The Adventures of Team Porcupine, Part XXXIII: Team Porcupine vs. the Silver Fox

The Adventures of Team Porcupine, Part XXXIII: Team Porcupine vs. the Silver Fox

By Ray Adams

Part I: Negative Kowalski

 Lately I have been getting several requests from readers who wondered why I had not included the big match Team Porcupine played several years ago vs. the Silver Crusader team, led by the legendary Silver Fox, now gone to the big bridge tournament in the sky. “The match between Team Porcupine and the Silver Crusaders was one of the best bridge matches of all time,” a reader from New Jersey writes, “Surely fans of Team Porcupine should be able to enjoy it in your blog.” Well, I agree. My next seven blogs will be a coverage of all seven hands in that wonderful match.

     The setting was a regional in Las Vegas where many of the country’s best teams were competing in a Swiss Team event. After seven rounds, both Team Porcupine and the Silver Crusaders were 7-0 and would meet head to head in the final match of the day. The crowd was electric with excitement and kibitzers were three deep around both tables.

Tension ran high as the teams shuffled and dealt boards 15 to 21. Readers of this blog are already familiar with Team Porcupine’s crew of Stanislaus Kowalski/Porczouk Nograwowicz sitting NS and Stari Pas/Harrington Konejwicz in the EW seats. The Silver Crusaders consisted of Diego de la Plata/the Silver Fox in the EW chairs, while Joe Crowfoot/T.O.D.C.J. opposed Pas and Konejwicz. Diego de la Plata, a rich silver baron from Durango, Mexico, was the team sponsor, while everyone knew that the Silver Fox was its star player. However, Joe Crowfoot and T.O.D.C.J., who normally went by his first three initials of T.O.D., were certainly formidable.

       In the auction, Kowalski was rather surprised by Diego’s 1♠ overcall and decided to double it for penalty, forgetting that in this situation, his double was actually negative. So, rightly or wrongly, the pair ended in 4, declared by Nograwowicz.

Diego, a short man with aristocratic features and an extremely well-groomed mustache, led the king of spades. When the dummy hit, the Silver Fox, a huge fellow with long, silver locks that overflowed from underneath a Minnesota Twins baseball cap, could not restrain himself.

“A most unusual negative double. Were you searching for a 4-3 heart fit?”

Kowalski turned red but made no reply.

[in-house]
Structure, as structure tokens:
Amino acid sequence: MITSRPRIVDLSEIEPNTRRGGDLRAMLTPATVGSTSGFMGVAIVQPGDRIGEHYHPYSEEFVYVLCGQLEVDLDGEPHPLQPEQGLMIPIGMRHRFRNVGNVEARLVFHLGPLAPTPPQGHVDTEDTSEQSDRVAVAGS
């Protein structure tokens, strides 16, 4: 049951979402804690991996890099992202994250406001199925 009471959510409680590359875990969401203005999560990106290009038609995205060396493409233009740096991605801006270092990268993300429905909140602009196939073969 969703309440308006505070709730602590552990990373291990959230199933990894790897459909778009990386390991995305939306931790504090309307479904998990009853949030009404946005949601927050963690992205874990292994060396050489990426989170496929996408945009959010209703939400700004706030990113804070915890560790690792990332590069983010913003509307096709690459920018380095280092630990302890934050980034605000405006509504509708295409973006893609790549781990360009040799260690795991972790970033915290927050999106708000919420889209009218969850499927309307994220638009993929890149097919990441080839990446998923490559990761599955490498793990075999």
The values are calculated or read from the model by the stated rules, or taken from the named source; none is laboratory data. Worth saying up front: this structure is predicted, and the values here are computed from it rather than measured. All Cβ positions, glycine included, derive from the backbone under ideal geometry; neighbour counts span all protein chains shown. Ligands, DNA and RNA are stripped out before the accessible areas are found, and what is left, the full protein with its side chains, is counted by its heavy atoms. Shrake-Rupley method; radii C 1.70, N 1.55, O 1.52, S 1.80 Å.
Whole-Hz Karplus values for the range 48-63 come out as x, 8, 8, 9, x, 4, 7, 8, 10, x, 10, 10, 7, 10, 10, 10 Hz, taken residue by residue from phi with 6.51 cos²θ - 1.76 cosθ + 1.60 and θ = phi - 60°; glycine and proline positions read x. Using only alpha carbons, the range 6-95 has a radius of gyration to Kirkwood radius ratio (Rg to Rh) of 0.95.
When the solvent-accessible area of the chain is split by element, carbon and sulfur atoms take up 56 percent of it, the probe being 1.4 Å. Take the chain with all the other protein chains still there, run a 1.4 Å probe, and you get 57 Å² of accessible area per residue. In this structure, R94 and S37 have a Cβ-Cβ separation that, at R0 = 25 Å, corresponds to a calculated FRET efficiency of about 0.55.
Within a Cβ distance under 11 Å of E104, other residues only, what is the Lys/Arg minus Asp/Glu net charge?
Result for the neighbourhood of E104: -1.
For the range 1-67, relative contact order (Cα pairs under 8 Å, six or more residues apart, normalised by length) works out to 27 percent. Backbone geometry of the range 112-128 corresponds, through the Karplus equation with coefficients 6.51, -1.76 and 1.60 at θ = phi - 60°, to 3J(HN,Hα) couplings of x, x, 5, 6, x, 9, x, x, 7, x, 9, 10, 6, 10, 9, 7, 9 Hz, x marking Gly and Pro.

Nograwowicz was quick to defend his partner. “We call that bid Negative Kowalski,” he said, “and it is, indeed a search for a 4-3 fit in the majors.”

“A likely story,” the Fox muttered under his breath, and play continued.

Kowalski smiled to himself. It was nice to have his partner ride in to rescue him. Then he got lost in his own thoughts as he mechanically played the dummy. After all, he, Stanislaus Kowalski, had created several new bids during this particular day’s competition. Perhaps he should write a book. Maybe Bridge Per Kowalski or The Kowalski System, oh, or better yet Precision Kowalski.

Meanwhile, Nograwowicz won the lead with dummy’s ace then led a low diamond for a finesse. Diego captured the queen with his king and returned the queen of spades. Declarer ruffed this and played the ace of diamonds, dropping Diego’s jack. Now, if only the heart suit would split evenly.

The Fox threw fear into Nograwowicz’s soul, following with the eight, then the nine, but declarer really had no choice but to try for a 3-3 split, and when that materialized, he claimed eleven tricks, conceding a club at the end.

“I had no cards, no cards at all,” the Fox said. “I had to have some fun. Did you sweat? Did I make your heart palpitate if ever so little?”

Nograwowicz smiled at the Fox’s antics. The Fox was certainly one of the top card players in the country, but was his skill at bridge any match for the cloud of B.S. he created at the table?

Pas and Konejwicz took time to study their opponents as they sat silently while T.O.D. and Joe bid up to 5.   T.O.D. looked a lot like Elton John and had an interesting habit of tilting his face to one side and staring into space. He wore a Minnesota Vikings sweatshirt and black and white shoes. Joe Crowfoot was a Chippewa Indian with the stocky build of most of his tribe. His clothing style seemed designed to intimidate his opponents. He wore a red Apache-style headband, an Oakland Raiders jersey, and faded jeans held up by a belt with a silver buckle in the shape of a human skull. His boots were made of rattlesnake hide. “I’m certainly glad I met him at the bridge table and not in a dark alley,” Harrington Konejwicz said to himself as he followed the auction.

Pas led the king of spades, taken by dummy’s ace. T.O.D. played a diamond to his ten, losing to the jack. Pas returned the queen of spades, ruffed. A small heart went to dummy’s ten and another diamond led from the board. When Konejwicz followed with the six, T.O.D. was faced with a choice. He tilted his head and stared into spade for several minutes. Then T.O.D. refocused his eyes and stared at the six of diamonds. He pulled out a card, almost threw it on the table, then put it back in his hand. He stared for a few minutes more, then grabbed another card, coming very close to dropping it in front of him, but finally placing it back in his hand at the last moment. When T.O.D. started to repeat this performance, Joe said, “I can’t stand it anymore,” and reached across the table and slapped the card from his partner’s hand.

The ace of diamonds hit the table. Pas disgustedly threw his king down. T.O.D. later conceded a club to claim 5 for plus 600. Since Nograwowicz had picked up 650 at the other table, it meant that Team Porcupine had the early lead 2 imps to none.

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